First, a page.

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Assimilation prior to the enlightenment and the rise of nationalism

Posted: 2019-04-21 11:16pm
by Dominus Atheos
Several nations in Europe are amalgamations of a half dozen different cultures that existed in or prior to the middle ages, but that concept seems to have hit a brick wall at some point in the latter half of the 1000s.

How are the English a mostly homogeneous race descended from among others, Celts, Romans, Germanic Saxons, Norse, and French Normans; and the Spanish a slightly less but still surprisingly homogeneous synthesis of Celtiberians, Romans, Visigoths, and even Muslims; meanwhile the Yugoslavians can't be one country without murdering each other?

And how the hell are the Czechs not German 700 years after Bohemia helping to found the Holy Roman Empire?

I don't get it.

Re: Assimilation prior to the enlightenment and the rise of nationalism

Posted: 2019-04-22 12:49am
by Elheru Aran
Quick note re Yugoslavia: geographical barriers plus the Ottoman Empire. All the little Balkan states were principalities, duchies, whatever, little noble holdings/tribal conglomerations paying tribute first to the Byzantines and then the Ottomans or the Austro-Hungarian side of the HRE, but more or less independent in their personal affairs. It wasn't until the 20th century or so that people started trying to consolidate all those little Balkan principalities into a larger country. So the concept of 'Yugoslavia' is a pretty recent development.

Re: Assimilation prior to the enlightenment and the rise of nationalism

Posted: 2019-04-22 04:30am
by madd0ct0r
And the united kingdom is slowly unwinding.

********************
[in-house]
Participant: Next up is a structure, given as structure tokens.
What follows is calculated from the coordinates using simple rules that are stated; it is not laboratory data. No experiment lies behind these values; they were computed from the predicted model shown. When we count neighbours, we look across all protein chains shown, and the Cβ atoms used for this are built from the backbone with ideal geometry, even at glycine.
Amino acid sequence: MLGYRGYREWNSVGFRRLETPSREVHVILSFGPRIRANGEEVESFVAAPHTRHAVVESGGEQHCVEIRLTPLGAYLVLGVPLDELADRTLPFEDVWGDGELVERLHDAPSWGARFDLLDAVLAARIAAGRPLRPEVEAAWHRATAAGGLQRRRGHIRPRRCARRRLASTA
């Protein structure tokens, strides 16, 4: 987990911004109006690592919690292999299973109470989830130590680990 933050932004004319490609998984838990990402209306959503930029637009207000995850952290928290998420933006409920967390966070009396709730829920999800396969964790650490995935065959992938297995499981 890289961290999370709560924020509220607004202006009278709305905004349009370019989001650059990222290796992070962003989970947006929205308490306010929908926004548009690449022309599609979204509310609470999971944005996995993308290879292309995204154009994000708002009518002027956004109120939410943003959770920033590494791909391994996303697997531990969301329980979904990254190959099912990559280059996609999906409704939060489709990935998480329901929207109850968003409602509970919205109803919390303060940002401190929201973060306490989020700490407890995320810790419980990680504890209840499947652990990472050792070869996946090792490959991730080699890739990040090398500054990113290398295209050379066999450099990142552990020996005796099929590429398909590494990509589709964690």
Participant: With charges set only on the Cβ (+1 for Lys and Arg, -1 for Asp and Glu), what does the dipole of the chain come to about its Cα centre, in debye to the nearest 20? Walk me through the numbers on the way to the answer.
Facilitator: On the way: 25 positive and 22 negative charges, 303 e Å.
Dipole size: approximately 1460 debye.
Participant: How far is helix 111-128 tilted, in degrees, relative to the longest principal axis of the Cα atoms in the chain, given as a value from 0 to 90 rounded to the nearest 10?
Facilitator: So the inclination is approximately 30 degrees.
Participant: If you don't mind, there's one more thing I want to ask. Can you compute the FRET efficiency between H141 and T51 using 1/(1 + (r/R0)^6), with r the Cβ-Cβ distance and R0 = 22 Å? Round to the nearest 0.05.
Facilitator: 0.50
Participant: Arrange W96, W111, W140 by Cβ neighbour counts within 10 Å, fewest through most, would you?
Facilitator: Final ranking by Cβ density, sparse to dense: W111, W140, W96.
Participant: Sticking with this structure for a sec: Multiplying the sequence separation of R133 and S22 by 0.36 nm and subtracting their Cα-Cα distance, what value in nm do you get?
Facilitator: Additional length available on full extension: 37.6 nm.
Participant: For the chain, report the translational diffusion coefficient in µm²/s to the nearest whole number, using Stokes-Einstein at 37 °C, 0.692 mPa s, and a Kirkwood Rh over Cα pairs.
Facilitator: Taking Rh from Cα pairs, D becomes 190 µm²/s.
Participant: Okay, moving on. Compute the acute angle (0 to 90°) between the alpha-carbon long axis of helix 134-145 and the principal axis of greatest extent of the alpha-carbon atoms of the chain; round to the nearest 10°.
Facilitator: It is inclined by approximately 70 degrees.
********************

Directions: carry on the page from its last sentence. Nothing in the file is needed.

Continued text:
Not just with the celtic fringe ratcheting towards independence, but the mayors of city states, and attempting to split functions up by region.


Edit. And come to think of it. So is Spain

Re: Assimilation prior to the enlightenment and the rise of nationalism

Posted: 2019-04-22 05:18am
by Lord Revan
The Holy Roman Empire wasn't really a nation in a way we see it now, while technically there was a single monarch the elector counts were quite independent, In fact germans didn't really unify as single people until the 19th century (same with the Italians) instead the various nations that made up the Holy Roman Empire were culturally and politically fairly independent.

In contrast by the 15th century the concept of the English people as single entity had already formed, same with french and a bit later the spanish, as these were rule by essentially a single monarch with the nobles seen as servants of the throne rather then independent rulers in their own right.

Re: Assimilation prior to the enlightenment and the rise of nationalism

Posted: 2019-04-22 07:02pm
by Dominus Atheos
madd0ct0r wrote:
2019-04-22 04:30am
And the united kingdom is slowly unwinding.

Not just with the celtic fringe ratcheting towards independence, but the mayors of city states, and attempting to split functions up by region.


Edit. And come to think of it. So is Spain
The non-English parts of the UK, actual England is looking pretty solid. Maybe London wants to stay in the EU for purely economic reasons that have nothing to do with "culture".

Only the part of Spain that doesn't consider themselves Spanish want independence, all the Spanish parts of Spain are fine.

Re: Assimilation prior to the enlightenment and the rise of nationalism

Posted: 2019-04-22 07:24pm
by Dominus Atheos
Elheru Aran wrote:
2019-04-22 12:49am